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From: Ben Strasser (strasser.ben_at_[hidden])
Date: 2006-08-28 18:11:08

> However I disagree that users like to spend time making their own units. Quan
> has a fair number of units supplied(still nowhere near enough though) and when
> they are available they are very much more convenient to use. Also I/O is
> useful.
The original idea for this library was based on a real world example that you
certainly can't have in your library.

Consider a function grapher with a GUI and a scollable view of the graph. How
many different types of vectors (=points) do you have? There is "mathematical"
vector, meaning the solutions of the equations. Then there are those in virtual
screen coordinates, meaning a scroll undepand pixel fixed version. The relation
between "mathematical" vectors and virtual ones varies with the display setting
of the user so you can't hard code the realtions. And there are the scroll
relative vectors or also client area vectors.

These are the 3 I though of when designing the app. Later I dicoverd 2 new ones
: The scroll position and window relative coordinates. You could also add screen
relative if you want to.

I doubt that you can provide a simple to use interface to differenciate these 6
units of vectors.

Another example would be games with an isometric grid. You will spend a lot of
time mapping vectors from grid coordinates to screen coordinates and back.

However you do have a point that it might be better to provide stock types. For
example the length quantity. It would make inoperation of code more easily. An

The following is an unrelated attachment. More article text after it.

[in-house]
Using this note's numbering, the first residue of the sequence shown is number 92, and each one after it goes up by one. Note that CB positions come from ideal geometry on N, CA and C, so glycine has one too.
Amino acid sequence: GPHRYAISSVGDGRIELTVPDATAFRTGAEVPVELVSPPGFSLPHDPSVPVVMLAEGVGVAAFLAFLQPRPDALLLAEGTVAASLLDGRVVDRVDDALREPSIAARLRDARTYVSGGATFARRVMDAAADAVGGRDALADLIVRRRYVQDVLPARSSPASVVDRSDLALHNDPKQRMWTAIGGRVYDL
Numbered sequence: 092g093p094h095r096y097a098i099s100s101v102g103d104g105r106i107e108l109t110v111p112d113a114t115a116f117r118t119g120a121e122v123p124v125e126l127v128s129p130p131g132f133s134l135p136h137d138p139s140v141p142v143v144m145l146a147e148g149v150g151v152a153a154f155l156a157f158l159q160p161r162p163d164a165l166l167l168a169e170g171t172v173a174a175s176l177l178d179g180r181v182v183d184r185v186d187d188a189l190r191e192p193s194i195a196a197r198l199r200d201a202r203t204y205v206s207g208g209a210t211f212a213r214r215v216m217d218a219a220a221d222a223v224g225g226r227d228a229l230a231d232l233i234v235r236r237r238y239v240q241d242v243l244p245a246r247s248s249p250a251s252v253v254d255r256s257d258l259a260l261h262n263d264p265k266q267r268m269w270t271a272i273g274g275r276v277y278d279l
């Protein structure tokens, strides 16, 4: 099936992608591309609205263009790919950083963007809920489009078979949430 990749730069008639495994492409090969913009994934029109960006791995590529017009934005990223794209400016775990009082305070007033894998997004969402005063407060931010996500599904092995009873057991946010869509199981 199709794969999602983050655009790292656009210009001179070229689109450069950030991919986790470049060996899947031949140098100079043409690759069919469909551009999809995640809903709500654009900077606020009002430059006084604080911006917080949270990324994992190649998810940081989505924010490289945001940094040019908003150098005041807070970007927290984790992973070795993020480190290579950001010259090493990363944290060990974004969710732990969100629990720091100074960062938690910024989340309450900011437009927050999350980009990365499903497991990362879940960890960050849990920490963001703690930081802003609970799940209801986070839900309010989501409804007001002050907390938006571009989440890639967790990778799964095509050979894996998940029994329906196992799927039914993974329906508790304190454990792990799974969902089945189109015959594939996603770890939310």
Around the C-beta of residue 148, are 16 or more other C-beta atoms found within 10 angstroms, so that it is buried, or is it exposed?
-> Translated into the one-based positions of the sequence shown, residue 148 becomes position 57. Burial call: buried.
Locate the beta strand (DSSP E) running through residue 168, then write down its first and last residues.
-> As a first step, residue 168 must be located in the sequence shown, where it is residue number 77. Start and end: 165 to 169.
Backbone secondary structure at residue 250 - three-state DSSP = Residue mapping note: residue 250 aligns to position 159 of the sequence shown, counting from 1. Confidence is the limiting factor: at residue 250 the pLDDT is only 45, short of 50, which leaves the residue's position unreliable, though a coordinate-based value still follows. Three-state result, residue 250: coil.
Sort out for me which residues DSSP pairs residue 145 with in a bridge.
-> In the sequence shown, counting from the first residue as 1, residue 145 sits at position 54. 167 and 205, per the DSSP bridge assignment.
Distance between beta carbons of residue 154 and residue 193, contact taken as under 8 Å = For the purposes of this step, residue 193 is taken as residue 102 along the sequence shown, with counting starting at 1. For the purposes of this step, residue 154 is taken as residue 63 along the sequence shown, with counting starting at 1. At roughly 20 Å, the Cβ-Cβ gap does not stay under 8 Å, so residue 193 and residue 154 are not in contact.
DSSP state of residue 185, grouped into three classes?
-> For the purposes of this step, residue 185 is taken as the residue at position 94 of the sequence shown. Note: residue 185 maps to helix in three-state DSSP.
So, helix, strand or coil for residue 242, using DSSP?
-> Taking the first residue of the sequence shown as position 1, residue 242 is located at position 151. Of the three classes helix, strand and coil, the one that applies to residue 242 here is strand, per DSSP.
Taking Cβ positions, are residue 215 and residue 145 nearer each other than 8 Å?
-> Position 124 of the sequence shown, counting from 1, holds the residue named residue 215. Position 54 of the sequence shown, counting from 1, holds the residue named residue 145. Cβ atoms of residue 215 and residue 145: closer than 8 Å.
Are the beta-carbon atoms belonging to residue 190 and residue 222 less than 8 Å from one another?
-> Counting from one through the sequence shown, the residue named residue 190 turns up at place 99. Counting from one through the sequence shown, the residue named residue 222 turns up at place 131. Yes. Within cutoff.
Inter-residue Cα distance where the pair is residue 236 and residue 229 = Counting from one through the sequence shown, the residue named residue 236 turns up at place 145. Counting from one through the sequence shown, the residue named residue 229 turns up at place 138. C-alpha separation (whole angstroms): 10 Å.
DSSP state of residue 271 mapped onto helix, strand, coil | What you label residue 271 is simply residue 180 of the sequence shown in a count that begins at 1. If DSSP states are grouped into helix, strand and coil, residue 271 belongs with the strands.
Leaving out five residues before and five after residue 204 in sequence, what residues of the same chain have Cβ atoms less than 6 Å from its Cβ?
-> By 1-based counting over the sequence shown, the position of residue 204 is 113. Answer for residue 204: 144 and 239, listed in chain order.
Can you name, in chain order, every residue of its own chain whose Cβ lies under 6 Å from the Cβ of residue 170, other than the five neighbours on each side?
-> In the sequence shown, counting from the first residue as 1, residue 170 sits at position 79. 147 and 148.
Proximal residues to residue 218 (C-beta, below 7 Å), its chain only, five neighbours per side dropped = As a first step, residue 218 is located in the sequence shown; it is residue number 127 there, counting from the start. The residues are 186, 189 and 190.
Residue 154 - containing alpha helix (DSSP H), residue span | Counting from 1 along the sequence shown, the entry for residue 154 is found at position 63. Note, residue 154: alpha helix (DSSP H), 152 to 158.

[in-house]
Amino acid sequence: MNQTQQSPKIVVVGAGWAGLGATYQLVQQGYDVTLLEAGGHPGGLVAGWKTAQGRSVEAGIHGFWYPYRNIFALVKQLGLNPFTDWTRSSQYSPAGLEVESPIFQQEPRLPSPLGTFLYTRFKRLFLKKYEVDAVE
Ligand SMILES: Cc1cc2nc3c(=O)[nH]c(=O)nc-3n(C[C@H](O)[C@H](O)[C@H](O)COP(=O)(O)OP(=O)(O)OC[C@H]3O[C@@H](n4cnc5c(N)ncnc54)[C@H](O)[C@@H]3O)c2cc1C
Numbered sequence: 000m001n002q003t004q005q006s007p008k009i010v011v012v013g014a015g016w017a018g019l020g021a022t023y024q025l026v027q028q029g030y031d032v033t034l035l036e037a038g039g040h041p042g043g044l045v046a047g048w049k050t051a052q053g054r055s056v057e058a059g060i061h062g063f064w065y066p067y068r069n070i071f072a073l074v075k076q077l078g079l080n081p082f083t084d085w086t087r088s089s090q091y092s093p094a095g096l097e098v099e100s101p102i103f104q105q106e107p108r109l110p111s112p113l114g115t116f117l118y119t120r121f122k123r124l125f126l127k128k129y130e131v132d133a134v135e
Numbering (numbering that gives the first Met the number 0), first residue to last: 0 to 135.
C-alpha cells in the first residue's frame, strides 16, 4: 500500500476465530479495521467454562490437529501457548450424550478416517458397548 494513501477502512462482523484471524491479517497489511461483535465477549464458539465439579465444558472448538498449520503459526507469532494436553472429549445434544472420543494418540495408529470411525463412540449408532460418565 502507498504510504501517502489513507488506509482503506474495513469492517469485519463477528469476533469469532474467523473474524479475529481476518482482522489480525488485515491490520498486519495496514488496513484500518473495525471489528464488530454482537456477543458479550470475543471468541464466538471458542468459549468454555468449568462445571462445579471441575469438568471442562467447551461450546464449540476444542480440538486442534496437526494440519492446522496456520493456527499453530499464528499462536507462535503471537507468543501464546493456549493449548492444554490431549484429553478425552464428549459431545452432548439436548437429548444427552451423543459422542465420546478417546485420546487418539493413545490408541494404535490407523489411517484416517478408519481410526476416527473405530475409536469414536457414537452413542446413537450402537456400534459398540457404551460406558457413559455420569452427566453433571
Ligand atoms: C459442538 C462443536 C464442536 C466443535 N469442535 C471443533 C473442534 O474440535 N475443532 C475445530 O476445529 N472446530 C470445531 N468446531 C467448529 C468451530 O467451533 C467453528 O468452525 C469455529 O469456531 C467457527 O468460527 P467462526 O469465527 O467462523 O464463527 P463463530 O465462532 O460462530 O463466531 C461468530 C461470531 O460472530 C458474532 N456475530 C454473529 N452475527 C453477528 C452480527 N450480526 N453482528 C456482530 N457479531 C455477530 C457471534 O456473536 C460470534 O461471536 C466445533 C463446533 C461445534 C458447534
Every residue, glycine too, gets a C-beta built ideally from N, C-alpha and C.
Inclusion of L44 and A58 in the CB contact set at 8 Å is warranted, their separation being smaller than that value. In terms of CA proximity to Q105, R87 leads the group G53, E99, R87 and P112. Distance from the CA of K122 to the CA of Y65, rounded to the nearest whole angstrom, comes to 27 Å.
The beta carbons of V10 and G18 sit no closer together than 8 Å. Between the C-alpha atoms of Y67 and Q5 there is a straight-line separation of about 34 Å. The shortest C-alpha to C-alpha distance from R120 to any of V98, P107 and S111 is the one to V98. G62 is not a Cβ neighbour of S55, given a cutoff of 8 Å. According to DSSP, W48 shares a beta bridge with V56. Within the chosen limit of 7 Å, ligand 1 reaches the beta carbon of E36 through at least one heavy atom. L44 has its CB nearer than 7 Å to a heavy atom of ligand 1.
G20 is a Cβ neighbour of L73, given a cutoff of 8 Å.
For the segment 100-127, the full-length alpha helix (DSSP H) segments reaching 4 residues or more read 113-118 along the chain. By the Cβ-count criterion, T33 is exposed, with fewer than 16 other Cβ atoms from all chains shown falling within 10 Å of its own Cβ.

alternative would be to provide a sort of quantity cast that allows to bypass
the type check mechanism at junction points.

The first option sounds better but the later is in my eyes more realisitc as you
will always forget at least one quantity.

> I looked at how I would do the basic.cpp example
> in Quan. Note that the units output comes
> in very handy here and also note the use of the
> predefined units, which saves a
> lot of time and effort creating units.

The basic example is also meant to be elementary so you can implement it
obviously better with elementary stock types. However how often do you calculate
the cinetique energie in real world examples?

About the unit I/O : I've though about providing a mechanism for it but decided
later to drop it. The reason is that it adds nothing the user couldn't already
do just as simply.

To provide output you need a symbol. This means that you need additional
arguments to your units because you can not default generate one. As strings are
very bad template arguments this will add at least one line of code. However in
that case the user could also simply have written

ostream&operator<<(ostream&out, meter n){return out<<n.raw()<<"m";}

and he has the output exactly the way he wants. No problems with unicode or the
symbol not being just the way the user wants it.

For the input you need a list of all inputable units, symbol position, raw
number formats and symbols. In the best case this would be a long template
argument list that reminds an if else chain. So why not simply use an if else
chain like in the unit_converter.cpp example?

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